Sunday, November 11, 2012

Stephen Vincent Benet's "John Brown's Body" comes to the Wyoming stage

Nobody, with the possible exception of English majors and classics' scholars, reads epic poetry anymore. The Iliad. The Odyssey. Leaves of Grass. Letter to an Imaginary Friend. John Brown's Body.

Stephen Vincent Benet won the 1929 Pulitzer Prize for "John Brown's Body," a 15,000-line epic about America's Civil War. Benet wrote it in Paris in 1926-1928, his trip financed by a Guggenheim fellowship. I've never encountered Benet in my reading about the "Lost Generation" in Paris, those post-World War I expats from all over who gravitated to Paris for a healthy dose of creativity and mass quantities of boozing (absinthe anyone?).

John Brown usually lies a-moulderin' on the page in Benet's now-neglected book. But a Wyoming family with theatrical roots are performing "John Brown's Body" in a staged reading this week. The reading will be performed by Pete and Lynne Simpson and there three children: Maggie, Milward and Pete. The elder Pete is a retired history professor at the University of Wyoming. Wife Lynne is an accomplished actress and director. Maggie is a singer/songwriter, Milward is a musician and theatre guy (and fellow state employee) and Pete  Jr. performs with the Blue Man Group.

Wyoming was far removed from Civil War action. From 1861-65, it was part of Nebraska Territory with very few Anglo settlements outside of military forts. Although there were some Civil War battles in the Rocky Mountains -- New Mexico comes to mind -- none were fought in Wyoming. Slavery was permitted in the territories. But whether the nascent states would be "free states" or slave states" was being argued about regularly in Congress. That struggle came to a head with abolitionist John Brown's raid on the U.S. Army Depot at Harper's Ferry. He was executed for his crime on Dec. 2, 1859. Southern forces fired on Fort Sumter 16 months later, launching the Civil War. The next four years were a horror show for the country. In his epic poem, Benet tried to describe the experience from various points of view. Maybe Ken Burns was thinking of Benet when he filmed his famous Civil War series for PBS. He let the people speak in their own words.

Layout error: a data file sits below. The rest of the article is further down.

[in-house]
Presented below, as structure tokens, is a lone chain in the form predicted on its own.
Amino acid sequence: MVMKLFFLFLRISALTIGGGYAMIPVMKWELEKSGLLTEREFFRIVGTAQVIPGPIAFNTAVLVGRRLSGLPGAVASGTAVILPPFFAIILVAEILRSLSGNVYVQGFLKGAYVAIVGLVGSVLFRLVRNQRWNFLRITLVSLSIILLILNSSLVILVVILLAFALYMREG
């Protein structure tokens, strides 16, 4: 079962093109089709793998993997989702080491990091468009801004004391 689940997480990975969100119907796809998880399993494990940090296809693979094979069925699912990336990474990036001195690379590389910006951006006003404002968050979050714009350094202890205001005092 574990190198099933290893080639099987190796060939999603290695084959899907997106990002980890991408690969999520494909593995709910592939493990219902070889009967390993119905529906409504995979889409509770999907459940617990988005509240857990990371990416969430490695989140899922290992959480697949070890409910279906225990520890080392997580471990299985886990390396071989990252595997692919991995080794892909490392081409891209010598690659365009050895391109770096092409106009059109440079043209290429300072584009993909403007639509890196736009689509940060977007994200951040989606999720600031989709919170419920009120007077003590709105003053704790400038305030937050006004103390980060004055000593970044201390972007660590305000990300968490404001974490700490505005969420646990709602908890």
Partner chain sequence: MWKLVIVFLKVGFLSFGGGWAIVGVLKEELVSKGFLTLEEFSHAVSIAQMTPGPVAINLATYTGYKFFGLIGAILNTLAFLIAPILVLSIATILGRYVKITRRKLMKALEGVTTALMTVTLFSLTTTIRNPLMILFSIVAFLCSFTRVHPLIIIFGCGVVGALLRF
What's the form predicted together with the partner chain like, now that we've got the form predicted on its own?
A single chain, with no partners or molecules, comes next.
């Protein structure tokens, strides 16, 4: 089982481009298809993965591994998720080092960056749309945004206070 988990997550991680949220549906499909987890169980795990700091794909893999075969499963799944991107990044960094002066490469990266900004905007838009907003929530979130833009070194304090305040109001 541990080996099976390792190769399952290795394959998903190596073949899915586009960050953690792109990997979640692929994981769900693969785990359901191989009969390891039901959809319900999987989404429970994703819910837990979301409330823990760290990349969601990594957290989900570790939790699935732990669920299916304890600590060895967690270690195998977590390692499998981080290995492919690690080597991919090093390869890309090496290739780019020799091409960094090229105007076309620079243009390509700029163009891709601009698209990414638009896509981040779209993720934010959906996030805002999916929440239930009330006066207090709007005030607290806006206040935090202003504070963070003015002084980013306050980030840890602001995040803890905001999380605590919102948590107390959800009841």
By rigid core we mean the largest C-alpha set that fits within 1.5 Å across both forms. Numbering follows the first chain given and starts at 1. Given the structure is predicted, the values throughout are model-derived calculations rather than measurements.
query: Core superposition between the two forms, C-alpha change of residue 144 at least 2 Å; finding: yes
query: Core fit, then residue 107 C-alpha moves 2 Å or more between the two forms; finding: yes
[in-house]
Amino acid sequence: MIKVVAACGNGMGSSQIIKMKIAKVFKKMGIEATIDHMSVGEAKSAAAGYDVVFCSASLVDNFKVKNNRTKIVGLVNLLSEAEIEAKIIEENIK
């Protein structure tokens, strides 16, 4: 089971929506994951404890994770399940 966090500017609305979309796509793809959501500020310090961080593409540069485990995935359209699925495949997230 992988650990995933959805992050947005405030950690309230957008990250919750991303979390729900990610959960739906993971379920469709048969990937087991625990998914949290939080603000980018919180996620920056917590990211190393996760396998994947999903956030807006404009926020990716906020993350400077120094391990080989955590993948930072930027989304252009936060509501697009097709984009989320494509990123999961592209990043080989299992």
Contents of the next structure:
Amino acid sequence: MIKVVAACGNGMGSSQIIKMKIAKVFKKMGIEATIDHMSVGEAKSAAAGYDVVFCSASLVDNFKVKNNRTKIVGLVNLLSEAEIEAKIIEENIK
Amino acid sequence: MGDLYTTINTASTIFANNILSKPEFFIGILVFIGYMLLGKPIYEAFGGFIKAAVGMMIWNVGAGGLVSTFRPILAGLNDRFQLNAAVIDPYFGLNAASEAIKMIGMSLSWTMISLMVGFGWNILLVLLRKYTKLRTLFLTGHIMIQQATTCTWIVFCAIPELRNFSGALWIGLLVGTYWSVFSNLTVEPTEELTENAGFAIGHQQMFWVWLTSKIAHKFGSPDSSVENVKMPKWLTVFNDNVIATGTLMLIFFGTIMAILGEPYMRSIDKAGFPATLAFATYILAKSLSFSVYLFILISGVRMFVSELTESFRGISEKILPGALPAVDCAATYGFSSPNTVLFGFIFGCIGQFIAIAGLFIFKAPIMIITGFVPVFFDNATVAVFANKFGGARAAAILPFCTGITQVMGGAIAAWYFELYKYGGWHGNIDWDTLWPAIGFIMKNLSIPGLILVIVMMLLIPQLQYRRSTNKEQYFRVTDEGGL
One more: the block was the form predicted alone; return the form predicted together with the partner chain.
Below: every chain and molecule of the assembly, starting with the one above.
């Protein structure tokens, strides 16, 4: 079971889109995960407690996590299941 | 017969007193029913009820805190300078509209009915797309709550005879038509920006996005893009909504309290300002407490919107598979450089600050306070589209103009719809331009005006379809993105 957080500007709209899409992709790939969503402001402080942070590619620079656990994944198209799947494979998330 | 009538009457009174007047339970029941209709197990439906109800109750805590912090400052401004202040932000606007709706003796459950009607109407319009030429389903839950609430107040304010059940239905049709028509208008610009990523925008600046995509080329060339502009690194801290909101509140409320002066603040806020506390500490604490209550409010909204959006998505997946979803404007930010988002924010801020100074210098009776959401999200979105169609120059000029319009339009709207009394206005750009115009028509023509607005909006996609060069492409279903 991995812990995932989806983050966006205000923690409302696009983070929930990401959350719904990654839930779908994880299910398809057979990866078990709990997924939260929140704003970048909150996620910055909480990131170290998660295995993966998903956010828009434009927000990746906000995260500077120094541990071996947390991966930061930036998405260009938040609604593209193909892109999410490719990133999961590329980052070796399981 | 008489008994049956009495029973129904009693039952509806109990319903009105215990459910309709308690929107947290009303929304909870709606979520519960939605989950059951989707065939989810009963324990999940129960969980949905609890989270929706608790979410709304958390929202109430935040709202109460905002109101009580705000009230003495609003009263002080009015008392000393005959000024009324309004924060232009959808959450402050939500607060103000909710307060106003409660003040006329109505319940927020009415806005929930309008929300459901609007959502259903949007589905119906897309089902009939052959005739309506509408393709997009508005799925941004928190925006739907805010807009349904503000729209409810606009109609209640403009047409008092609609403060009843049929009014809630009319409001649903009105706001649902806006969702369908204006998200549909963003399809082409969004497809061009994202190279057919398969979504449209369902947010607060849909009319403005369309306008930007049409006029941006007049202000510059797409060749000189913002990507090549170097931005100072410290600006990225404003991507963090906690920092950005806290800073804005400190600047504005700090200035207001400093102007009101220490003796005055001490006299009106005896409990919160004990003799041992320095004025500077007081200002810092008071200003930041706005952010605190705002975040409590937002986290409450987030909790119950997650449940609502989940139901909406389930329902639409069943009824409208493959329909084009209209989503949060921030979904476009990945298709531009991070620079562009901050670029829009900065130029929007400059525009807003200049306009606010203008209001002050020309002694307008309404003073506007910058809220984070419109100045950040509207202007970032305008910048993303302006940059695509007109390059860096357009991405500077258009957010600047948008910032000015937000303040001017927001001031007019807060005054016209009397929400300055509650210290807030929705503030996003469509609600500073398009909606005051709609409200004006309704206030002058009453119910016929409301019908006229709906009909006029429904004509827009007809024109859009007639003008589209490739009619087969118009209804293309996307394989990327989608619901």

Some of Benet's lines feature John Brown's final words:

Now if it is deemed necessary that I should forfeit my
life for the furtherance of the ends of justice and mingle
my blood further with the blood of my children
and with the blood of millions in this slave country
whose rights are disregarded by wicked, cruel, and
unjust enactments, I say, let it be done.

Let it be done. And it was.

You can see "John Brown's Body, a staged reading," featuring the Simpson family with music by the Cheyenne Chamber Singers, at the Cheyenne Civic Center, Thursday, Nov. 15. Tickets $20 for adults and $10 for students. They are $5 more at the door. Visit or call 637-6363.

Read more about Benet and his poem at

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